Once we acknowledge that virtual worlds are just like other online providers, the arguments being advanced to regulate their conduct sound very familiar. That's because we dealt with online providers "censoring" their customers at least 15 years ago.
Specifically, the Ludlow/EA incident mirrors a seminal event in Internet law. In the late 1980s, Prodigy Networks was a leading commercial online service that offered a self-contained universe of interactive tools, such as email, chat, message boards, and file downloads. In 1990, Prodigy terminated the accounts of subscribers who complained about its practices, which led to claims that Prodigy engaged in censorship. Prodigy responded that it could control user-submitted content to create a family-friendly environment, just as a newspaper has the right to make editorial decisions about what it publishes.
Prodigy may not have fully appreciated the consequences of its response. By analogizing itself to a newspaper, it implicitly invited courts to treat it like a newspaper in other respects as well. Five years later, a court did just that. In the 1995 Stratton Oakmont v. Prodigy decision, a New York Supreme Court held that Prodigy was liable for user-submitted defamatory content on its network, just as a newspaper would be liable for publishing defamatory content.
The Stratton Oakmont decision sent shockwaves through the nascent Internet industry. Providers seeking to offer family-friendly services felt that they would be liable if they failed to catch and remove harmful user-generated content. Other providers felt compelled to implement new controls over user content, even if such efforts would inhibit the community's development or would be cost-prohibitive. Either way, the threat of liability forced providers to increase their censorship of users.
Fortunately for the Internet's development, Congress overturned Stratton Oakmont nine months later by enacting Section 509 of the Communications Decency Act, codified as 47 U.S.C. [ss] 230 ("Section 230"). Section 230 grants online providers a near-blanket immunity from liability for their users' content. This immunity applies whether or not the online provider tries to control content it deems objectionable, meaning that online providers can figure out the best way to serve their communities. With this legal protection, a thousand online communities have bloomed, spanning the spectrum from tightly controlled to virtually unregulated. This diversity has allowed individuals to find venues that serve their needs, giving customers the power to reward (or punish) providers for their choices. Section 230 played a nontrivial role in the Internet's ascension as a dominant media, a development from which we have all benefited.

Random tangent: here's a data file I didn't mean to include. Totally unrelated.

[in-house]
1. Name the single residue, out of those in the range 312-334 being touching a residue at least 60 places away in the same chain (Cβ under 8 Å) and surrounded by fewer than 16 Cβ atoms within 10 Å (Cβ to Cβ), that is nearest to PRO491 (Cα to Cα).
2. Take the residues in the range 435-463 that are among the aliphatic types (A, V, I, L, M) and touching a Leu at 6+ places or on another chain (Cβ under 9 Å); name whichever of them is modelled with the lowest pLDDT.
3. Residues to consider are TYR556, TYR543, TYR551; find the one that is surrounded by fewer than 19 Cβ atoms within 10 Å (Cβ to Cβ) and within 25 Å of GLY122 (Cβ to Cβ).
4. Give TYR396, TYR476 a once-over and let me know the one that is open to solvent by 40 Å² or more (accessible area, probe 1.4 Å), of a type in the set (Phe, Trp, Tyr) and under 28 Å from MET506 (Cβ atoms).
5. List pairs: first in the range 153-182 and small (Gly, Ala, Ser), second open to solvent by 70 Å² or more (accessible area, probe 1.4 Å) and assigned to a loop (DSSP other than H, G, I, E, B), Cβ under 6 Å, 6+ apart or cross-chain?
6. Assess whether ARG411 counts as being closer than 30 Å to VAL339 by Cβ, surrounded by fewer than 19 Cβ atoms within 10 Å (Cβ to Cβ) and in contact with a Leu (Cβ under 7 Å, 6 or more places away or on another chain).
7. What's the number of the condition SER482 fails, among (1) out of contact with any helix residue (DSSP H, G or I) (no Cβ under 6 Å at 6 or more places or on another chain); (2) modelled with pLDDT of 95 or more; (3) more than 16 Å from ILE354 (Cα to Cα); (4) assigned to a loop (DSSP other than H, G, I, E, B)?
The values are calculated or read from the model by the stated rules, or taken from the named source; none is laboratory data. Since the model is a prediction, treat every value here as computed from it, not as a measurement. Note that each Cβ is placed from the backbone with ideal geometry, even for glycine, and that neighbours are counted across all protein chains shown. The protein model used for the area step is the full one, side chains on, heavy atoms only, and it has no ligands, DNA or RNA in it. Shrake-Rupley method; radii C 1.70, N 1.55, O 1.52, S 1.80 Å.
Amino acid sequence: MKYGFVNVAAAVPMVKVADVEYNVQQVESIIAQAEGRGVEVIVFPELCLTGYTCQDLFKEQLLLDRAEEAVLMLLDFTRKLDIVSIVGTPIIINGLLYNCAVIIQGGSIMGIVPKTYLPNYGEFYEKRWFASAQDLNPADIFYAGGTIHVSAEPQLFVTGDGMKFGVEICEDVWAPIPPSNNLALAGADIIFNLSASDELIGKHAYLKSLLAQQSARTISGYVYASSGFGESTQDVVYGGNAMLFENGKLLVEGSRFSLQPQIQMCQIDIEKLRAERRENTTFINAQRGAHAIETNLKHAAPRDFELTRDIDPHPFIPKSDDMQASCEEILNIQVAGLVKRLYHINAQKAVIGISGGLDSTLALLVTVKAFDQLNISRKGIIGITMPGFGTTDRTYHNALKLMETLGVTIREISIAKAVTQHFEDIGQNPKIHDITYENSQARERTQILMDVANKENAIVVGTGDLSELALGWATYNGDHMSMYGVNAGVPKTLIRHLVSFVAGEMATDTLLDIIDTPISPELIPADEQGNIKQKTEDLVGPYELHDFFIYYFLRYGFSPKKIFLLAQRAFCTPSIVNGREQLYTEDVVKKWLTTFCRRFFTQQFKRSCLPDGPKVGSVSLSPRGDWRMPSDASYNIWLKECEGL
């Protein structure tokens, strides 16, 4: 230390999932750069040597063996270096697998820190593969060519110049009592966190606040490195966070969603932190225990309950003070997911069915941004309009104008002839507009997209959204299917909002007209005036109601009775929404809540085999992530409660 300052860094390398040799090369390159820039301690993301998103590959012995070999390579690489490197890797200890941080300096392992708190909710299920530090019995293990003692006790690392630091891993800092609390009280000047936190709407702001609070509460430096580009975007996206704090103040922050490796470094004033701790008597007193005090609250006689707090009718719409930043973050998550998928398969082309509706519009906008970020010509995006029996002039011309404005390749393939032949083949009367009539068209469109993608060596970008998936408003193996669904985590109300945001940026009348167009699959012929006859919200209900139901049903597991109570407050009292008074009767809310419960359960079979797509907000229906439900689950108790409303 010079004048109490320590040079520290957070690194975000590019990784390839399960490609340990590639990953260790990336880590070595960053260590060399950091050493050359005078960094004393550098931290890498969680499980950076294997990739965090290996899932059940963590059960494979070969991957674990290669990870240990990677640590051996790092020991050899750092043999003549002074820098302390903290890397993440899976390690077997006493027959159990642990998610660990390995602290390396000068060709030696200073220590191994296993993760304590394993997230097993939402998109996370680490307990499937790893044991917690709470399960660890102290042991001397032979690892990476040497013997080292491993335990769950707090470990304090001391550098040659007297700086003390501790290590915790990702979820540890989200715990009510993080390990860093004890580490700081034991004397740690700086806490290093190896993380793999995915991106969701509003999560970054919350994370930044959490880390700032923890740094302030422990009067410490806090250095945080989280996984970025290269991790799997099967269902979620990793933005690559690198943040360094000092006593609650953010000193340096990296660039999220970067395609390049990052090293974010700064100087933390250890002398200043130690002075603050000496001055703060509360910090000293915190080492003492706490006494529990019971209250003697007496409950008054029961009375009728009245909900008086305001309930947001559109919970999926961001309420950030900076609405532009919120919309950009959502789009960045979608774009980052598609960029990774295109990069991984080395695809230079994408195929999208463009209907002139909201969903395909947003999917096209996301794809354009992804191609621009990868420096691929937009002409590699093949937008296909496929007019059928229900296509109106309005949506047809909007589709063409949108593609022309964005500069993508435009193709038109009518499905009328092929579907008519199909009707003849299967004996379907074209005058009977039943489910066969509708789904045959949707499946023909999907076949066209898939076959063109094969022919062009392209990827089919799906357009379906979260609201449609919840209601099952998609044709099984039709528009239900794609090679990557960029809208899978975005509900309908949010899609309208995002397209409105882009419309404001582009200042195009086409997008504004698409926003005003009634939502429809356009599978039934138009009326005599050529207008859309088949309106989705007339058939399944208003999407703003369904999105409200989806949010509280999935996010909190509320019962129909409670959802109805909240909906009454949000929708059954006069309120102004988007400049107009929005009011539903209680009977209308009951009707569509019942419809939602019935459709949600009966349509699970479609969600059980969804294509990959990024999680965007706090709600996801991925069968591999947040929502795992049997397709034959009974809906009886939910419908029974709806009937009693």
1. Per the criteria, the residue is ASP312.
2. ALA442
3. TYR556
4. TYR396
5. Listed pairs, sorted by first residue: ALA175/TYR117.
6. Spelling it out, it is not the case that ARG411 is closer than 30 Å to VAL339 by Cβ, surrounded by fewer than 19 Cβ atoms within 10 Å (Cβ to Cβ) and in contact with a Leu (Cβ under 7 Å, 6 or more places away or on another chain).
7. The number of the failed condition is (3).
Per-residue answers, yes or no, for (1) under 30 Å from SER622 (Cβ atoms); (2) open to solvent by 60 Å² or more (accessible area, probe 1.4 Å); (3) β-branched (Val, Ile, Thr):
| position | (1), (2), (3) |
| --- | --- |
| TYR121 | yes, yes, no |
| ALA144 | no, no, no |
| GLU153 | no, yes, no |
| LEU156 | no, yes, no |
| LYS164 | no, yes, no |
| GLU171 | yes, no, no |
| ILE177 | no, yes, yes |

Prodigy's experiences from the early 1990s teaches a valuable lesson. We want to give providers the option to exercise control over content they deem objectionable. As a result, we give providers a tremendous incentive—near-absolute immunization from liability—to exercise this option. Yet those who object to EA's private censorship want to strip away discretion from providers, just like those who complained about Prodigy 15 years ago. Fortunately, we know that the Prodigy story ends happily, with the proliferation of diverse and robust online communities. Why try to rewrite this ending?